The question might be asked, why don't we just get the sprayer out and use one of the fungicides in our arsenal to eliminate this disease? Unfortunately, as with many "patch diseases," the point of attack for Take-All is in the root system, and not the foliage. Therefore, by the time you see disease symptoms on the leaves, the damage is already done, and fungicides are of limited use.
The best control for this disease requires preventative fungicide applications: one application in the fall, and a second in the spring. However, this kind of preventative spray program has its drawbacks. With the inconsistencies in severity of the disease from year to year, it might be tough to establish a cause and effect relationship. For example, if you spray preventatively in the fall and spring, and have little Take-All that year, was that because you applied the fungicide, or would you have had little Take-All even without the sprays, due to weather and soil conditions?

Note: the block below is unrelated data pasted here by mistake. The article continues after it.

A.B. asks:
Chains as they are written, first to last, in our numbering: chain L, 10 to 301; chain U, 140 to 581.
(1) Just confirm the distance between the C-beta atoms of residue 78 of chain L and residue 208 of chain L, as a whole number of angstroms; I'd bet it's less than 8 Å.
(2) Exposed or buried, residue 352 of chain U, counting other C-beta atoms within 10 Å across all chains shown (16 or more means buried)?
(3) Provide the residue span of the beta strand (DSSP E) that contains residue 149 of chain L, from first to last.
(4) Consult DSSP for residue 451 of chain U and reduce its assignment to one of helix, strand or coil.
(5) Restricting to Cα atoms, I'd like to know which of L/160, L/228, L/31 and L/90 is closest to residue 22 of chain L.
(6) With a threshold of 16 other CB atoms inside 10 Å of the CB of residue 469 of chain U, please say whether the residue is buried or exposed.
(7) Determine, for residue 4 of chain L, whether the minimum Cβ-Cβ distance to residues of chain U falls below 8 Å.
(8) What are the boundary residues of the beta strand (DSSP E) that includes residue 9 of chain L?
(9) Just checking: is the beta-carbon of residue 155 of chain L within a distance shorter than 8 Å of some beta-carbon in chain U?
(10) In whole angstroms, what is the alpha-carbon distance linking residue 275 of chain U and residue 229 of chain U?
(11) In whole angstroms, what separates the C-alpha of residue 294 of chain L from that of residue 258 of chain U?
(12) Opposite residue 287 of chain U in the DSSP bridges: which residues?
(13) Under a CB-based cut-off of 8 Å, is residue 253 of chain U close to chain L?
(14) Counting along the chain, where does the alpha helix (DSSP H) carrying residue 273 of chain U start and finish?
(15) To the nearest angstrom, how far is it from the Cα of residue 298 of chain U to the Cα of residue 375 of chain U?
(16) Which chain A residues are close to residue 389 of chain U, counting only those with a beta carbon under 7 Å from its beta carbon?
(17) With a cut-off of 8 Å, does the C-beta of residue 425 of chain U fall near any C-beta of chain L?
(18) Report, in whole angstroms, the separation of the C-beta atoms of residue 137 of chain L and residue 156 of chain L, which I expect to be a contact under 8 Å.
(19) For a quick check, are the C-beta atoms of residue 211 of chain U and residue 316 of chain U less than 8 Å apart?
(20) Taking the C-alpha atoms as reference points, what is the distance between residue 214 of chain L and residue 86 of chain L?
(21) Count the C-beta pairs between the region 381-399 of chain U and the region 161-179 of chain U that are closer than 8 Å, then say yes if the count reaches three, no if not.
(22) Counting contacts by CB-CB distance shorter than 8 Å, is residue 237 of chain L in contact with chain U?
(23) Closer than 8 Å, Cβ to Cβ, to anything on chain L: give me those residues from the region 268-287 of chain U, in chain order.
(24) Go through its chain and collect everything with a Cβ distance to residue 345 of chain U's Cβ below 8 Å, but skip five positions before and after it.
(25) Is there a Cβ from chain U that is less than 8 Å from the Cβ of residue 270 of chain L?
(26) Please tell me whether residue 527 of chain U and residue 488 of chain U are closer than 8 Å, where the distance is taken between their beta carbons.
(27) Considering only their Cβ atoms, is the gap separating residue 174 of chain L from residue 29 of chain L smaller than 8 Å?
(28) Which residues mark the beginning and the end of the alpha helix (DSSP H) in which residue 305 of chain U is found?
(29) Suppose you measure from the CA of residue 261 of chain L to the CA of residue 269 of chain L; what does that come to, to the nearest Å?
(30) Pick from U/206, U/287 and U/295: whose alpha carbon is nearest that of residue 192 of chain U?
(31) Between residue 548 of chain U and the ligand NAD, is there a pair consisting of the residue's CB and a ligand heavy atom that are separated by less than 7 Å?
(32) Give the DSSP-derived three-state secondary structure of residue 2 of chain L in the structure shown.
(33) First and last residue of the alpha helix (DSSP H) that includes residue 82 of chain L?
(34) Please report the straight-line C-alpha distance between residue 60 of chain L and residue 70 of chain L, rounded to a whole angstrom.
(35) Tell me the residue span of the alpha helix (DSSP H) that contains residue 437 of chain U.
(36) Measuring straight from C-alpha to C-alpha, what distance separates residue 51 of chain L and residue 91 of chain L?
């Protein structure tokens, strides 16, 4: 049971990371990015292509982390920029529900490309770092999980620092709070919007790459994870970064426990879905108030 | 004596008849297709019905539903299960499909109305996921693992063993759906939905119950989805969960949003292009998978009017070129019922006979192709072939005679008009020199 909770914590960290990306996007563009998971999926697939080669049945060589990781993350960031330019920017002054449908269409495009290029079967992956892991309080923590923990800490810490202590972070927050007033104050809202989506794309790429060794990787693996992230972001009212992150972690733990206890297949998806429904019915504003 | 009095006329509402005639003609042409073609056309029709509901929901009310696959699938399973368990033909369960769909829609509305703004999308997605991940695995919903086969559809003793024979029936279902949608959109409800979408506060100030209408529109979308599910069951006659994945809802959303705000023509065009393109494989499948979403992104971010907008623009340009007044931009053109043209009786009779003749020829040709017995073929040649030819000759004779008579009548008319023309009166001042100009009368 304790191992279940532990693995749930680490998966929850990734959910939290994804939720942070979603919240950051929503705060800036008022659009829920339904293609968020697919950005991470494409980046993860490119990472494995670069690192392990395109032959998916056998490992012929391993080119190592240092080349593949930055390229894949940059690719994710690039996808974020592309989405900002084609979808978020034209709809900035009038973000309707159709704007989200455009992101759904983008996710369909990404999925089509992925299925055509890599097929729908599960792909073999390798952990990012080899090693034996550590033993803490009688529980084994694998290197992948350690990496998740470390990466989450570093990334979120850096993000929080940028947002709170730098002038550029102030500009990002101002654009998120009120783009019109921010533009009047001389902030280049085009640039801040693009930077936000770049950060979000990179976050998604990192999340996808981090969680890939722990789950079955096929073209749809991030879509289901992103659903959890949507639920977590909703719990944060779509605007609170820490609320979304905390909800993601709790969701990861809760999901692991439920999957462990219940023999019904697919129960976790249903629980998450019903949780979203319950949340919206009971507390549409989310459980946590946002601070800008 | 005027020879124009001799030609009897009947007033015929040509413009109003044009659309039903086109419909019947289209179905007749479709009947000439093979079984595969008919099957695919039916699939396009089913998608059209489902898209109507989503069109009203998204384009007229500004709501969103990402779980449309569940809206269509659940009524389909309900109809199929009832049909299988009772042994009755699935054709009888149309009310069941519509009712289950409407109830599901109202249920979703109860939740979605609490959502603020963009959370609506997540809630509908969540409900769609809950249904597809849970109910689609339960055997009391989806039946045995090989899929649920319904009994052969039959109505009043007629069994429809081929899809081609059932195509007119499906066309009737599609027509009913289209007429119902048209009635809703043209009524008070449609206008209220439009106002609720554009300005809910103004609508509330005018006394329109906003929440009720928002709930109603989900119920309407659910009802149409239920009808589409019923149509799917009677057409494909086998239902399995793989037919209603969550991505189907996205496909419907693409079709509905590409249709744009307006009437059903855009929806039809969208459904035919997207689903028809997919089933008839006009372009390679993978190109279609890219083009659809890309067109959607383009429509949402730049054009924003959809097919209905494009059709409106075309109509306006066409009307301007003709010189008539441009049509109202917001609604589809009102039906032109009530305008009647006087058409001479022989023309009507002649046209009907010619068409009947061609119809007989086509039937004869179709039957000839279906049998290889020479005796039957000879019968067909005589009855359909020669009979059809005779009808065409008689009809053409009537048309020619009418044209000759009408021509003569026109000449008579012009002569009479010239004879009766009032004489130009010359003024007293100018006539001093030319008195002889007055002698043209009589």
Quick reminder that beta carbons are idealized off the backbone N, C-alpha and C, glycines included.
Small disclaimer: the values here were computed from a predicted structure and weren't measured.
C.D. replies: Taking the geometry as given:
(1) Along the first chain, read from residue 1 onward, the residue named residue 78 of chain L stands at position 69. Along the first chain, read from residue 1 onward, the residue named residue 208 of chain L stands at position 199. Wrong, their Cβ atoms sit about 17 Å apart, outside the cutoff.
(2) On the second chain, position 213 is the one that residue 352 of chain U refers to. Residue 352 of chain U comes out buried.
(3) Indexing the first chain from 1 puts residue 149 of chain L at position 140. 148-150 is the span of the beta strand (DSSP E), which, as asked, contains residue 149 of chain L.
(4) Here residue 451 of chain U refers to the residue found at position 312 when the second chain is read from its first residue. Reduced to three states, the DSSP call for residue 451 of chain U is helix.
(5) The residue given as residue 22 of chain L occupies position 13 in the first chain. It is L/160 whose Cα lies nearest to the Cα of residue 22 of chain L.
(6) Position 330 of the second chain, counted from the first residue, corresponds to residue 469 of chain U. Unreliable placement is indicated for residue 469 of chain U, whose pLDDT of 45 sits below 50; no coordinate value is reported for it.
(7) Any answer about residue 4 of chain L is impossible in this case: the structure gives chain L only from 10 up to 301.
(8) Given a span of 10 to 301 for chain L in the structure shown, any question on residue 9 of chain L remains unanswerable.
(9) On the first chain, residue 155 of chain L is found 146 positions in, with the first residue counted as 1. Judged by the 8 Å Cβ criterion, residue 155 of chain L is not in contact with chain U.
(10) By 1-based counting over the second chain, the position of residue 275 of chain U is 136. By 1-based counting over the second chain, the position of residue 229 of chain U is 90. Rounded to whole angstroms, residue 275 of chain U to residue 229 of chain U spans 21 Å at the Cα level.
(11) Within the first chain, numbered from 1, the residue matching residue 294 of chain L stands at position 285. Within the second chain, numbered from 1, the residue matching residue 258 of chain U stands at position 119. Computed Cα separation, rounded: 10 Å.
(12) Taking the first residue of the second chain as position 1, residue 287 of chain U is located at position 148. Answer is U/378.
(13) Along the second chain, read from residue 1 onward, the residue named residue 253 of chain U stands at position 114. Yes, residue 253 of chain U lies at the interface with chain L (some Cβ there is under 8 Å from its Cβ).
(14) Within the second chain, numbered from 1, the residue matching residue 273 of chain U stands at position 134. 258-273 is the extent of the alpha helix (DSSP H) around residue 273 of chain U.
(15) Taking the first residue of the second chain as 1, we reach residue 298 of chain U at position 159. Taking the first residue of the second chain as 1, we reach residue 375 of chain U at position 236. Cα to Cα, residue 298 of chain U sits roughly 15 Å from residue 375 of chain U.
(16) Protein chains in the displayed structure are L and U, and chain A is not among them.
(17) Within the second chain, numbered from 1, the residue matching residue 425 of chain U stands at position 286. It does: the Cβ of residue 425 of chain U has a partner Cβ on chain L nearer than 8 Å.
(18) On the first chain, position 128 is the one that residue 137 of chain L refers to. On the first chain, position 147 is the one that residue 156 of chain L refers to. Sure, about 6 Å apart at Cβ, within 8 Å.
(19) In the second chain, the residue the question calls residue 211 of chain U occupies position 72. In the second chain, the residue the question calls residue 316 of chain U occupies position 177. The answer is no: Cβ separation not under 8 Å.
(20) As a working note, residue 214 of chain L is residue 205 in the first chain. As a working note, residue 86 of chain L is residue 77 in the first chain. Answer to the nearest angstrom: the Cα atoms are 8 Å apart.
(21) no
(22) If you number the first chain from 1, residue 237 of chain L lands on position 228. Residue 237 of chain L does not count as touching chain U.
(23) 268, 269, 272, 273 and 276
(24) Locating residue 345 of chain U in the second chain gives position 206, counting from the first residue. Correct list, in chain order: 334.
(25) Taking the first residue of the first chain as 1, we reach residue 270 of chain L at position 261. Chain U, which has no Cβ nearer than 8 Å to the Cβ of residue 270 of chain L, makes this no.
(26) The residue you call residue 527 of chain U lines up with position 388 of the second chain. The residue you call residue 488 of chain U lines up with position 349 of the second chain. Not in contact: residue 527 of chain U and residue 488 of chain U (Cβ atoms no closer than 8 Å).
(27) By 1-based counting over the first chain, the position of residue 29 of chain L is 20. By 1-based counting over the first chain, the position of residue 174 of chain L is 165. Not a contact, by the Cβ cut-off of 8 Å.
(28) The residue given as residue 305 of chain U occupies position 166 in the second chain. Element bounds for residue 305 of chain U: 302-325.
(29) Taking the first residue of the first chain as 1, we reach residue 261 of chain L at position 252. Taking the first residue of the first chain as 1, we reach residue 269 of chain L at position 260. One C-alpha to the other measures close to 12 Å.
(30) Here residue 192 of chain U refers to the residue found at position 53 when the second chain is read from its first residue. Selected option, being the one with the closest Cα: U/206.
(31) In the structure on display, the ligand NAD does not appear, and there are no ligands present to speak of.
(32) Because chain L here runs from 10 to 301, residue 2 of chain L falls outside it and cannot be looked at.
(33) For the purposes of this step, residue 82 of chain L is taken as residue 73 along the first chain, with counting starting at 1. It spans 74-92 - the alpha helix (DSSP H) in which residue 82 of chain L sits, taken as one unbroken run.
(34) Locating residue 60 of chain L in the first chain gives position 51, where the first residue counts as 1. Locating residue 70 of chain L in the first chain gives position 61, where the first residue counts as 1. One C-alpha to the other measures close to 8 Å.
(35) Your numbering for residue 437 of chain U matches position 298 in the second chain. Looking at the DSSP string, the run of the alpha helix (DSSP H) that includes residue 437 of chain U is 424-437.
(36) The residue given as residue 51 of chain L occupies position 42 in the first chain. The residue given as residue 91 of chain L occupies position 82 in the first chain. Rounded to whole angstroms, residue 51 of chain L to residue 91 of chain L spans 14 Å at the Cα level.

Answering this kind of question can best be done through the use of untreated check plots. If the decision is made to go ahead and spray preventatively for Take-All, we will have both treated and untreated areas side by side. This way we can connect the dots, and determine how well the fungicide application worked, and how severe the disease would be without the use of a fungicide.
Fortunately, while Take-All Patch often discolors the Bentgrass, and weakens the plant, it typically doesn't live up to its name.
|Take-All Patch on a tee.|